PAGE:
Hours later Alan called it a night. There had been little progress, but Alan enjoyed hypertranslation, the little acts of creation. A few tasks had repeated themselves, and drawing on past experience Alan felt like he was improving slowly.
He received a single message from Icewolf, which was sent to the entire group.
Icewolf: Report to the bunkhouse at 0900 Standard Time for a general report.
Alan decided to sleep in his Home, it was far more comfortable than the bunkhouse. He told Lambda to wake him up at 0830 in five hours and fell asleep.
BOO! a voice shouted in Alan’s mind.
Alan jolted awake. He admonished Lambda then set off for the bunkhouse.
He got a white steamed bun from a street vendor for breakfast. It was tasty, sweet and slightly salty, and only cost two credits. Alan didn’t ask what type of meat was in it.
As he walked down the streets Alan saw a building advertising work for anyone, no matter species, shape or size. It didn’t seem too busy, the morning rush had passed.
What caught Alan’s notice was that they had a comprehensive security system, the strongest Alan had detected since New York. He was managing to develop an intuition for these types of things.
The business was named Empire’s Sun. Alan stepped inside. It looked like an entrance hall to a mansion. White and gold adorned the walls, along with a red crystal chandelier hanging from the ceiling. A grand piano sat in the corner of the room.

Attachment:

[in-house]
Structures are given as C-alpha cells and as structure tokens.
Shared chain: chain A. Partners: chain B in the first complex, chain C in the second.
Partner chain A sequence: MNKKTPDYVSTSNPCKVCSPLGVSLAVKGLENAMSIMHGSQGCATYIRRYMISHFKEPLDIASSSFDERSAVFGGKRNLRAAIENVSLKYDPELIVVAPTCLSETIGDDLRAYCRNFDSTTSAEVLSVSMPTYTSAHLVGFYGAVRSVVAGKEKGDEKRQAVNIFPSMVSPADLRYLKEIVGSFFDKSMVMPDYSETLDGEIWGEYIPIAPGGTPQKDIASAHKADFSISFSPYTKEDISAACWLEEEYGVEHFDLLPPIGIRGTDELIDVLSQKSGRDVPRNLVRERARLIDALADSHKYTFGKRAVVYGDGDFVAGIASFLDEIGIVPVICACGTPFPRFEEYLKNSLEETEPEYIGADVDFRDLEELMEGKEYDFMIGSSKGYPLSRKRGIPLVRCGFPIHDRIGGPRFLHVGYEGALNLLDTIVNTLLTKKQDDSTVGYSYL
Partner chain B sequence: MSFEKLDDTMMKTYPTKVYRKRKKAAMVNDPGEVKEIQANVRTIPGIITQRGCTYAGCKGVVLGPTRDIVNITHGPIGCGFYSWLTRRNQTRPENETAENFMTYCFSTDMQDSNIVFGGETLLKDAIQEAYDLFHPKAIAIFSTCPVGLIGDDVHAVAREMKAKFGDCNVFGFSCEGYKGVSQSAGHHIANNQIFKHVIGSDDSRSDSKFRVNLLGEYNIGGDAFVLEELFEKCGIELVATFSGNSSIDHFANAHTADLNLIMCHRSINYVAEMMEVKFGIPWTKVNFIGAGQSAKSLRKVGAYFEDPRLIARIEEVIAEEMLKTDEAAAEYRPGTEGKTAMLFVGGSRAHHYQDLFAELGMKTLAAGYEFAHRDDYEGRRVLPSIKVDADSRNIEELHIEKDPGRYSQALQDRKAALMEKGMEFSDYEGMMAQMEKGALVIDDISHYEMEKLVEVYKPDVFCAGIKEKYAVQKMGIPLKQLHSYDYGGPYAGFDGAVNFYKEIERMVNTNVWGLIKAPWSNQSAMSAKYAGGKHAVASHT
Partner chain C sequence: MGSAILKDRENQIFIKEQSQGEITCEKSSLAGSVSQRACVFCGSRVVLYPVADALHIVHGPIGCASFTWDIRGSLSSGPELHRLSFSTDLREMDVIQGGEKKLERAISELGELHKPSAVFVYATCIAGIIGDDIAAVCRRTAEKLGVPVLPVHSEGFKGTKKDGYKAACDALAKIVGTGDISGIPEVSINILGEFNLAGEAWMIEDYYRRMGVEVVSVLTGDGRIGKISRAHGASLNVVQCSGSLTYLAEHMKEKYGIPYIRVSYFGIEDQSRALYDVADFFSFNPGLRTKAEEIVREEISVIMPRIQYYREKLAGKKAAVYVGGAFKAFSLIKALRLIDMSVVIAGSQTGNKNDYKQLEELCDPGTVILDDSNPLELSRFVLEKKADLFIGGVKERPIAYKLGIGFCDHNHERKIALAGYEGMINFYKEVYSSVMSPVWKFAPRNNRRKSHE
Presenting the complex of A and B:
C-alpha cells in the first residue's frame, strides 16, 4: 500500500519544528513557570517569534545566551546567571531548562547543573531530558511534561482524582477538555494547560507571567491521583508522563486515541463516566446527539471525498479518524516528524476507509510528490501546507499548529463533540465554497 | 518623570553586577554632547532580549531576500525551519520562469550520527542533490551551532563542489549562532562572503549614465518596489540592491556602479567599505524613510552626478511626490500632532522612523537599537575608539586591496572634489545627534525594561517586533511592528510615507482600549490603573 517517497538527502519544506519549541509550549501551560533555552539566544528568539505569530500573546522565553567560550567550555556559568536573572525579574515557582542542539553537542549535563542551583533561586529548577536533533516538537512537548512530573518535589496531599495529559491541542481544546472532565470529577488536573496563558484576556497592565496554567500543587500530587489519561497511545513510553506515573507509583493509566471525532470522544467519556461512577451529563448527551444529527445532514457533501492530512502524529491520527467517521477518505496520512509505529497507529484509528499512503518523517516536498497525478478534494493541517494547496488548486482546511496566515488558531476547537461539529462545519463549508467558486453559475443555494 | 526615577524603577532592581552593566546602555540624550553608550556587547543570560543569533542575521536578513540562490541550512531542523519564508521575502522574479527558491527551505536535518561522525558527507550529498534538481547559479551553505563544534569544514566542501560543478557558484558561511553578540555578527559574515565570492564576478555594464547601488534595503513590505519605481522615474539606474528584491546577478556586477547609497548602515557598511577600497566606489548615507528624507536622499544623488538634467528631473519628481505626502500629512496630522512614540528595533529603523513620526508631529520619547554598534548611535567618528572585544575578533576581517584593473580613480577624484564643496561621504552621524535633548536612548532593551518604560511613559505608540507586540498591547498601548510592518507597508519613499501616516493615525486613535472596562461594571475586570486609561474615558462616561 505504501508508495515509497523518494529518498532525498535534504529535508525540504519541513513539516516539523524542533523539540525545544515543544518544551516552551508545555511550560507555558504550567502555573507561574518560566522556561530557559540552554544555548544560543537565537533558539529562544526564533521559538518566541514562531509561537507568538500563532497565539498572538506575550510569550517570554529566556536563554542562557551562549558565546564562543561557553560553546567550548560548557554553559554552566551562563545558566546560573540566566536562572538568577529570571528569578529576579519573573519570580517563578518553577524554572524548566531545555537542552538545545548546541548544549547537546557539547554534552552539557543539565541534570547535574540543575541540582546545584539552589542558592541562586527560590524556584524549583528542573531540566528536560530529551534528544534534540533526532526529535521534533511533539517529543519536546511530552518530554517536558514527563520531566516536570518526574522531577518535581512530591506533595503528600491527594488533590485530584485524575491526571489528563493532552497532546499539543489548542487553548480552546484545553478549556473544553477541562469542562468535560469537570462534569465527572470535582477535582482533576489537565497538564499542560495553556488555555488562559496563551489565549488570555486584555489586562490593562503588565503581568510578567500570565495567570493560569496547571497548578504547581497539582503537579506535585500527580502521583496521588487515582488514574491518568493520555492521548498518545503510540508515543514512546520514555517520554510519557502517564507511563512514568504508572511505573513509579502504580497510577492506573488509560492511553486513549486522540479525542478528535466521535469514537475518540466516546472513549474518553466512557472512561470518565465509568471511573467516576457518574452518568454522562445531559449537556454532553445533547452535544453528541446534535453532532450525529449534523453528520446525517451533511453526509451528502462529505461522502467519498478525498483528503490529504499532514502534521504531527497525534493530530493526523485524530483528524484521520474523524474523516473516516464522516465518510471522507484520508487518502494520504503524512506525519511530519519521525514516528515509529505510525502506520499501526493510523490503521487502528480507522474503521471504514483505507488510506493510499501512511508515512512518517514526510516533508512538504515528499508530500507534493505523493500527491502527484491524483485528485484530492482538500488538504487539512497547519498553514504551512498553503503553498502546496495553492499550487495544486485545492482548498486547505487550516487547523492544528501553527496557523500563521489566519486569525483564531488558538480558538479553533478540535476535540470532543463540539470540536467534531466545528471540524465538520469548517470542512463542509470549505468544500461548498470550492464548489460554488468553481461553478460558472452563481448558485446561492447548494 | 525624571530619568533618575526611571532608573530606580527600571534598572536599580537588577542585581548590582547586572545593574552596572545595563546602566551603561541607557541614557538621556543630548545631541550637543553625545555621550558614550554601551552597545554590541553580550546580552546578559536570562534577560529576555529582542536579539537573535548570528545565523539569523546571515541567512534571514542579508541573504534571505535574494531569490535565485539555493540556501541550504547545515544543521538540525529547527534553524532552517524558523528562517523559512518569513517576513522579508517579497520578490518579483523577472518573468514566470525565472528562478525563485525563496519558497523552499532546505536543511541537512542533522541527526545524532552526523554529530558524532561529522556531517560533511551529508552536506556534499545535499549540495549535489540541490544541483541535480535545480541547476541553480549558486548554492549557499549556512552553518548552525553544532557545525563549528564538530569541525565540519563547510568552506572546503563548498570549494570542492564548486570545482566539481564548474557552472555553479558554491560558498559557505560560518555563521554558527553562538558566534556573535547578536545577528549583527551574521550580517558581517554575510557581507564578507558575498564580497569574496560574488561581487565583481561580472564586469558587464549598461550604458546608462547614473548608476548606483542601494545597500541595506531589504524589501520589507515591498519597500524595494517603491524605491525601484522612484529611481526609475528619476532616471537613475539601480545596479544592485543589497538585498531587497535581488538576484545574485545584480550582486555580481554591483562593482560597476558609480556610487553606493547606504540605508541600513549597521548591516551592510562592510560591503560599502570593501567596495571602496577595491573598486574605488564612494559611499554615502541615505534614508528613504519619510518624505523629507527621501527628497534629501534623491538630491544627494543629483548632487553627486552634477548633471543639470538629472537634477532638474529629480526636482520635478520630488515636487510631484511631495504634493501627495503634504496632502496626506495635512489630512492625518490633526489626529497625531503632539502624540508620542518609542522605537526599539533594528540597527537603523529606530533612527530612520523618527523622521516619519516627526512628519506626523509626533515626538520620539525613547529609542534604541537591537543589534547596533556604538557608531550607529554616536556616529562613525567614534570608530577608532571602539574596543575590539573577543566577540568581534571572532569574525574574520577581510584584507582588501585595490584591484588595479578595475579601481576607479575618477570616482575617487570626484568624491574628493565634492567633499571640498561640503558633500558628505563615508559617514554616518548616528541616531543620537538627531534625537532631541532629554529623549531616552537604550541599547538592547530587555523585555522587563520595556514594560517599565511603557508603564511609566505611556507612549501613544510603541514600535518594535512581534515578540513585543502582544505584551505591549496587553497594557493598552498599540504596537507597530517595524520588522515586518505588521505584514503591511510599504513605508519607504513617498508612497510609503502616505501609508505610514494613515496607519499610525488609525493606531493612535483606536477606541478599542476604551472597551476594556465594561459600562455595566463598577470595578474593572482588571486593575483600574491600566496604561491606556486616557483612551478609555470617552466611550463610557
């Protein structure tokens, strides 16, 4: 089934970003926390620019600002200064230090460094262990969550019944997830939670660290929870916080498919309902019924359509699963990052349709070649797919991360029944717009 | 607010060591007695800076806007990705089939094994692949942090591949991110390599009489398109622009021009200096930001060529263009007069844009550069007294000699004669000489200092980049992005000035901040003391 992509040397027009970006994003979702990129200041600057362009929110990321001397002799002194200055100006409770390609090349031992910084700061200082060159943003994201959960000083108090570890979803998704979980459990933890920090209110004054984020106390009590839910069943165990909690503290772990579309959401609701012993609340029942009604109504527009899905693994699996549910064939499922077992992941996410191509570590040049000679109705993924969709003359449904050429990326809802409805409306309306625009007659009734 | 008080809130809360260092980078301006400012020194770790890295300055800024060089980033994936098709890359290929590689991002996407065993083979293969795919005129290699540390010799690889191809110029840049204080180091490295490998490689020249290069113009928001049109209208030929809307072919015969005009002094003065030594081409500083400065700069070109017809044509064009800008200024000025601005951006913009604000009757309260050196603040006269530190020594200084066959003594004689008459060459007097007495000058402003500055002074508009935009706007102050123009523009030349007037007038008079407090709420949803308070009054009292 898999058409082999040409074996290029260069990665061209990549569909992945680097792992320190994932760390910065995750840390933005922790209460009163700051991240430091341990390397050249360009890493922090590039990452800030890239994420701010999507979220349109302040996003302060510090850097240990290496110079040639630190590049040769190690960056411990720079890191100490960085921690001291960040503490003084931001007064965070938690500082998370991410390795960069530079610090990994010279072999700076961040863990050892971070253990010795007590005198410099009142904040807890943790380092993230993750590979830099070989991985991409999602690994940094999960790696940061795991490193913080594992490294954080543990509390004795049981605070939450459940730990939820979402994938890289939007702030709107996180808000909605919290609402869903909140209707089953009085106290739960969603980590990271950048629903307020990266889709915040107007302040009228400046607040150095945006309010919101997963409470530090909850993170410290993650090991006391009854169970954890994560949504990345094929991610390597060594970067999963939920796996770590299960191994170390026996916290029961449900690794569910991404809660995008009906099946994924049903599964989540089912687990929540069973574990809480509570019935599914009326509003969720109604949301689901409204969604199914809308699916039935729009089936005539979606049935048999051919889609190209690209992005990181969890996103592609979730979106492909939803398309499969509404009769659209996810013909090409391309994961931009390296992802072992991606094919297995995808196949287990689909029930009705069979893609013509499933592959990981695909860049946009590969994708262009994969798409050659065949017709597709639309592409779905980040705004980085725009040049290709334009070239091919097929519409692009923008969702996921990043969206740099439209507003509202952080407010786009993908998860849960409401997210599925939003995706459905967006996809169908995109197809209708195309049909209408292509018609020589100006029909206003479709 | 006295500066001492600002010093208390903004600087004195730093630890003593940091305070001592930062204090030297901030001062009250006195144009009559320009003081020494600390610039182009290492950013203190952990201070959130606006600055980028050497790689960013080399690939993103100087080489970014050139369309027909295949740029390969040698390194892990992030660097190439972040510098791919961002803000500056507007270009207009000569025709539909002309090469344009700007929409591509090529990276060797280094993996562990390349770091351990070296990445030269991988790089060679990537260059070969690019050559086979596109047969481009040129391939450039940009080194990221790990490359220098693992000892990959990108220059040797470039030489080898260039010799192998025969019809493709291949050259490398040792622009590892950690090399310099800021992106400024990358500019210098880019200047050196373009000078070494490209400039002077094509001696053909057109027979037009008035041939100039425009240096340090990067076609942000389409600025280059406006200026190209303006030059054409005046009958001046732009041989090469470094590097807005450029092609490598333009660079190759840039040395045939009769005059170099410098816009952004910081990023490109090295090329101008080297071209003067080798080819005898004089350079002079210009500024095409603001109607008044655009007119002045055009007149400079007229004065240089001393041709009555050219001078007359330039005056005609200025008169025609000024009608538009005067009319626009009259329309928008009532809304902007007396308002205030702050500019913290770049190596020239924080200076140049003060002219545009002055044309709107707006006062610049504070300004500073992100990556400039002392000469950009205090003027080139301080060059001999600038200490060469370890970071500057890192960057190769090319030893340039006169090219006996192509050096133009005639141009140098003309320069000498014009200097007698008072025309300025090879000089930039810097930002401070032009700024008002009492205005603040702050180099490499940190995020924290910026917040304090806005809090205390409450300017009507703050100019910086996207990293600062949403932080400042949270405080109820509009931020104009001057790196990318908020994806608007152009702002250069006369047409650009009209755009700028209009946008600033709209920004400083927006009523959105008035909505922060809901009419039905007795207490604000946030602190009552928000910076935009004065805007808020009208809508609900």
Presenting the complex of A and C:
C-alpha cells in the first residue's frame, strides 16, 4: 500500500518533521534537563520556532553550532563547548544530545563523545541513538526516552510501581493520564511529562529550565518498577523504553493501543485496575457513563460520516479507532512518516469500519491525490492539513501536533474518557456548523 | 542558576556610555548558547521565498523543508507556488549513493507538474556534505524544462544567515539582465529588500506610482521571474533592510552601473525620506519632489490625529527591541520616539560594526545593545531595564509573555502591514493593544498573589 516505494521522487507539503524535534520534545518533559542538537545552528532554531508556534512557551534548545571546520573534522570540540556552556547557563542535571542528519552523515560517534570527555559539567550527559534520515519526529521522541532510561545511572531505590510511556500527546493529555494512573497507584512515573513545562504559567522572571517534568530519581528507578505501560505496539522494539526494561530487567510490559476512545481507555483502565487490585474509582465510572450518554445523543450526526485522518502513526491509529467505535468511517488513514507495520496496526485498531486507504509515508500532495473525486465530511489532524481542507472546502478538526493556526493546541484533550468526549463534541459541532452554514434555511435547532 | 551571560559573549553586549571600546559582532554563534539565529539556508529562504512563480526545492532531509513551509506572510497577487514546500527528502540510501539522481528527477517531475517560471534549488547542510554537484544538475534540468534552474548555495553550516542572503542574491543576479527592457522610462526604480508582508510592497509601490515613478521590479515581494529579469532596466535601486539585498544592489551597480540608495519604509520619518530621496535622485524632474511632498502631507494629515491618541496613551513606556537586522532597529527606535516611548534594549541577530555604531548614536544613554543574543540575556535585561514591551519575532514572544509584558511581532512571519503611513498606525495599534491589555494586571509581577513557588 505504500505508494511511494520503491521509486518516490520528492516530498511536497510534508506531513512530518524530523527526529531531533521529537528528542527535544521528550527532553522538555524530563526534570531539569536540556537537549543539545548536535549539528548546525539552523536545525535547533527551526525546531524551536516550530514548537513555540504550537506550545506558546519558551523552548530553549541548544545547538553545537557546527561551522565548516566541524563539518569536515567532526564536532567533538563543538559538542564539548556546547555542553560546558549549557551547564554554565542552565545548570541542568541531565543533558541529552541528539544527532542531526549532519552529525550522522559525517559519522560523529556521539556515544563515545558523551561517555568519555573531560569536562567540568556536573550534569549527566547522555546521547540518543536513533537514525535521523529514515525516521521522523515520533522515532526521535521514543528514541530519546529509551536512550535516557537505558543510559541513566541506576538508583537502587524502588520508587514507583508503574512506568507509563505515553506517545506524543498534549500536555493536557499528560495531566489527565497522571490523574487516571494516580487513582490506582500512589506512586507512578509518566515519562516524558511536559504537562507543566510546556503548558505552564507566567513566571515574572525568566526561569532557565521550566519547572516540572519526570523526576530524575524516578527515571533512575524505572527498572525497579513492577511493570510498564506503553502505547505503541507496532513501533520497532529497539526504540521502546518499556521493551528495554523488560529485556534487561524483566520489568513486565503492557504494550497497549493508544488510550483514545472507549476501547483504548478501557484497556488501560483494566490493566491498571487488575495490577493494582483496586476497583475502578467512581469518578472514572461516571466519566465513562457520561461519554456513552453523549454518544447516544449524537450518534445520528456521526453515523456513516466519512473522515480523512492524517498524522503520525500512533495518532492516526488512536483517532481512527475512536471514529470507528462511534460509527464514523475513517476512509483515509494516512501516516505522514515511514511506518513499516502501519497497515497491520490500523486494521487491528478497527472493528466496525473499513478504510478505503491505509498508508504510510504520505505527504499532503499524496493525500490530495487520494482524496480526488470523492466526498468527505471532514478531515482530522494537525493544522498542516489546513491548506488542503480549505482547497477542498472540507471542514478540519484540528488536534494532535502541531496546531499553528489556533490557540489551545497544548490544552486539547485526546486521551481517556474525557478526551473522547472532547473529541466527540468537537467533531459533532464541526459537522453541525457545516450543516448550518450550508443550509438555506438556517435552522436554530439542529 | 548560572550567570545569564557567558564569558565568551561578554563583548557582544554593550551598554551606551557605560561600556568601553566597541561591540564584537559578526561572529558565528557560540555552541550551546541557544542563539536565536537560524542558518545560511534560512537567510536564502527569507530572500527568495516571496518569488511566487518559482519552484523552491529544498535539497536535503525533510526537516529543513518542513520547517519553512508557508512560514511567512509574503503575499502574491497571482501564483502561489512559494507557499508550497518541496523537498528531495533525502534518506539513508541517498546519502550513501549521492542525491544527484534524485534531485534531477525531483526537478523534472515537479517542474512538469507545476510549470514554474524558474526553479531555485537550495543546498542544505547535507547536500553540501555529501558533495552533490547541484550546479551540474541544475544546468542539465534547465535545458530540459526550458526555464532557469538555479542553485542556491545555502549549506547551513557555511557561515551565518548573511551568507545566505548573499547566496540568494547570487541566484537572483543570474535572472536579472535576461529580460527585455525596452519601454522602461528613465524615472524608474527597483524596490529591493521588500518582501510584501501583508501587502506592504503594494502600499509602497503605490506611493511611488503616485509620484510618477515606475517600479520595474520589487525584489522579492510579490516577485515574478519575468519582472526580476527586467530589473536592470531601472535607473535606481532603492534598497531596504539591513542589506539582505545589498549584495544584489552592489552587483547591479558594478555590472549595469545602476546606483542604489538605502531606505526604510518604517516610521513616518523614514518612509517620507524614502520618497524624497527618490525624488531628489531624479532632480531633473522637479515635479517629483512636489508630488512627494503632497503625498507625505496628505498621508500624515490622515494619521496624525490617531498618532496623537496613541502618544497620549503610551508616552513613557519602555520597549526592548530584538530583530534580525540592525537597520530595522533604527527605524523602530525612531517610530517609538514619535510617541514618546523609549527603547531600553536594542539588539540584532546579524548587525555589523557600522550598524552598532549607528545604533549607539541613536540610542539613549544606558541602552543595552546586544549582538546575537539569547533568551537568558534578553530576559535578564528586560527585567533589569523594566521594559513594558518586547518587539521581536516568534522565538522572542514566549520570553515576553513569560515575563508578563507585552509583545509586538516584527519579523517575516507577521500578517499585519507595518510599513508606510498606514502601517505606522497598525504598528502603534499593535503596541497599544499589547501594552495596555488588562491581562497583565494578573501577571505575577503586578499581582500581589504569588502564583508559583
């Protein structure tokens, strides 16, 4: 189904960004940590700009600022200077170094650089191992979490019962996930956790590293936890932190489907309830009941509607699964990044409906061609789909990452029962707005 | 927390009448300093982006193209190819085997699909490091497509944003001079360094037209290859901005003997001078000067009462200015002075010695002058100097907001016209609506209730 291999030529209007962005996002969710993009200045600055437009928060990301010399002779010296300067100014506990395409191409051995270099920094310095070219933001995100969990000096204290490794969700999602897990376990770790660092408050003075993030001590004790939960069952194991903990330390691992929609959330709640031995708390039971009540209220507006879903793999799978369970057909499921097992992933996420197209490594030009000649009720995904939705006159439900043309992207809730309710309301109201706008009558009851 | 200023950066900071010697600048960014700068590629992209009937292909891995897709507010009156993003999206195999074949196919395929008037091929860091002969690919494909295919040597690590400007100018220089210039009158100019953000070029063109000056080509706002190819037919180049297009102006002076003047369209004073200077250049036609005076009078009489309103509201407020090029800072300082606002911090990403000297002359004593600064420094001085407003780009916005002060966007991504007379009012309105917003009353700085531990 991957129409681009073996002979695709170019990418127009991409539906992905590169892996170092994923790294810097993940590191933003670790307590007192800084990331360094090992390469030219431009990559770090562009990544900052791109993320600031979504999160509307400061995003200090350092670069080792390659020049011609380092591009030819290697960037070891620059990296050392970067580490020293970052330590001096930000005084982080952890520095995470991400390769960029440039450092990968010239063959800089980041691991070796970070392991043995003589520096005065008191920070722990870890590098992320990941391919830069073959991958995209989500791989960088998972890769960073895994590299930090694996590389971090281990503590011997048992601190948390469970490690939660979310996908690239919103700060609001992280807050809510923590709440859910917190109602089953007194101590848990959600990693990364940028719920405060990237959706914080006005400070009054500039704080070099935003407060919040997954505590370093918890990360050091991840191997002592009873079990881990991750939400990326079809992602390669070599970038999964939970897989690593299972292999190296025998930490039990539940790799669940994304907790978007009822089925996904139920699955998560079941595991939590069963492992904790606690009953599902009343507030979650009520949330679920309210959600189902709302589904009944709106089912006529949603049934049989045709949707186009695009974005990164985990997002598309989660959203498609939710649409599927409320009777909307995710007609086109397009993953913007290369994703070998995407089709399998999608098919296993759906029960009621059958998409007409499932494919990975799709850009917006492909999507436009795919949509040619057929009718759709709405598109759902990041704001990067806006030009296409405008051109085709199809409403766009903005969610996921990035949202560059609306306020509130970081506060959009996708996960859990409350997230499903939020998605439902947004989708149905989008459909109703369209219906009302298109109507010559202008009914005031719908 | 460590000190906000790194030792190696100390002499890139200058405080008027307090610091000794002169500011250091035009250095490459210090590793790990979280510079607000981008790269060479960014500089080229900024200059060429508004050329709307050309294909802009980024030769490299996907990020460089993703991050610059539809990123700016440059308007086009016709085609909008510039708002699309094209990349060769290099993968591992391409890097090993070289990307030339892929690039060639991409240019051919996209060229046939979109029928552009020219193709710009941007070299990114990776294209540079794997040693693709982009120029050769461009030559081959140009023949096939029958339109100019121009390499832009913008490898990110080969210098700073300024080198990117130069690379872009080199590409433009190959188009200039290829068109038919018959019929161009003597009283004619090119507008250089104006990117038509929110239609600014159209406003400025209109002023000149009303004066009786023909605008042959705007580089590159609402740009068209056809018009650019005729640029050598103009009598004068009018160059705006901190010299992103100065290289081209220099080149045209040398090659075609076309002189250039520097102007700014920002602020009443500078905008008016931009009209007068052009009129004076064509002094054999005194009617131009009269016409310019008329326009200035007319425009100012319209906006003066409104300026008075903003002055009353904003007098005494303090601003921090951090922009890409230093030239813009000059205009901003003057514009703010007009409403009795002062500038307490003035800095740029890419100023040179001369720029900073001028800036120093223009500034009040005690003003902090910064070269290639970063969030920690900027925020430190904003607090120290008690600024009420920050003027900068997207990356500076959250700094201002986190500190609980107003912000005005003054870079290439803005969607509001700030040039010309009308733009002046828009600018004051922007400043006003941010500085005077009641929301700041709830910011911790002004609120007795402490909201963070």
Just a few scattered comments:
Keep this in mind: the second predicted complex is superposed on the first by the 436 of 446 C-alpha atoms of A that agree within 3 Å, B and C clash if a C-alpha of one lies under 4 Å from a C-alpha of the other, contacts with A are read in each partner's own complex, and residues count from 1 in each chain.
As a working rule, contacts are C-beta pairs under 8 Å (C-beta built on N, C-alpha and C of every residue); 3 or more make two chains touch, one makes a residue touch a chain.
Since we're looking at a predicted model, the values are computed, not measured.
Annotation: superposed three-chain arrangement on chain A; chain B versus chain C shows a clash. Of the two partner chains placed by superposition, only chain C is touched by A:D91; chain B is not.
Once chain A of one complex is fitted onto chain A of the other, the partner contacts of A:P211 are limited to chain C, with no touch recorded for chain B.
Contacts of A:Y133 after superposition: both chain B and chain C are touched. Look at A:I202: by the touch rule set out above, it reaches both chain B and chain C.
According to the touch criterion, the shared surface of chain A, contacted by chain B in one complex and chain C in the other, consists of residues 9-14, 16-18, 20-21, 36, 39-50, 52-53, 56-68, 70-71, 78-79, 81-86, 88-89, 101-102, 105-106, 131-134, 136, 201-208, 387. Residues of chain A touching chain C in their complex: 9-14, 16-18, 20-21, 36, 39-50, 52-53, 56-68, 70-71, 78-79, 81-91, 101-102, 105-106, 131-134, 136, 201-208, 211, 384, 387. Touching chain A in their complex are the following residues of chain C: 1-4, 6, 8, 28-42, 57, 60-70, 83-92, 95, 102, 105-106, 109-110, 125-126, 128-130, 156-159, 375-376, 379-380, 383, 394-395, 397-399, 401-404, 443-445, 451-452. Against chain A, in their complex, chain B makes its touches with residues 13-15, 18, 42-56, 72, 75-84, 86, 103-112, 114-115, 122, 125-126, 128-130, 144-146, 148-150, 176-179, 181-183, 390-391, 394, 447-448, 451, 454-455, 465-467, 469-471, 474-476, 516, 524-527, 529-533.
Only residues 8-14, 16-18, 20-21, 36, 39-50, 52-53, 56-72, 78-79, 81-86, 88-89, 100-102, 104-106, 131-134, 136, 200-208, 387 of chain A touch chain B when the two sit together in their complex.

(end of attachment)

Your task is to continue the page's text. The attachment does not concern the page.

Next to the entrance a pretty Chinese lady in red power armor that fit like a dress sat at a welcome desk.
“Greetings sir, how may we help you today?” she asked.
“The sign outside said you had work,” Alan said.
The lady looked over Alan for a moment.
“I’m sorry sir, but I expect most of our work is too low level for you. Might I refer you to our offices on Khersath?”
The Empire, Lambda sent. He was examining the building’s network. This whole place reeks of them.
“I’m staying in town for now, sorry,” Alan said. “I’d be willing to perhaps take a low level job, what would the pay be like?”
“The best I could offer is a VIP bodyguard position, 500 credits a day.”
“500 credits?” Alan asked.
“A miner can be expected to earn 50 credits a day.” The lady thought for a moment. “A pair of gentlemen took an advanced task, perhaps if they do not complete it successfully we can give it to you. Come back in a week.”
50 credits a day, Alan thought to himself.
That’s about standard, Lambda sent. It usually takes about five years in-game for someone to pay off their capsule. Now we should get back.
Alan thanked the lady but declined the offer then left. He arrived at the bunkhouse right before the meeting time.
Everyone else was present, gathered around a table in the kitchen area. A pink box filled with baked goods was open. Alan grabbed another white bun.
“Alright, now that we are all present, we can discuss our findings,” Icewolf said.
He proceeded to launch into a summary of what he had learned. He didn’t seem to omit anything obvious, as far as Alan could tell.
“Well, we’ve found a dungeon,” Merlin said. “Out in the desert, or whatever you call it. We were following this massive worm. Face just full of teeth, gob like you can’t imagine. It was only level 250 or so, easy pickings.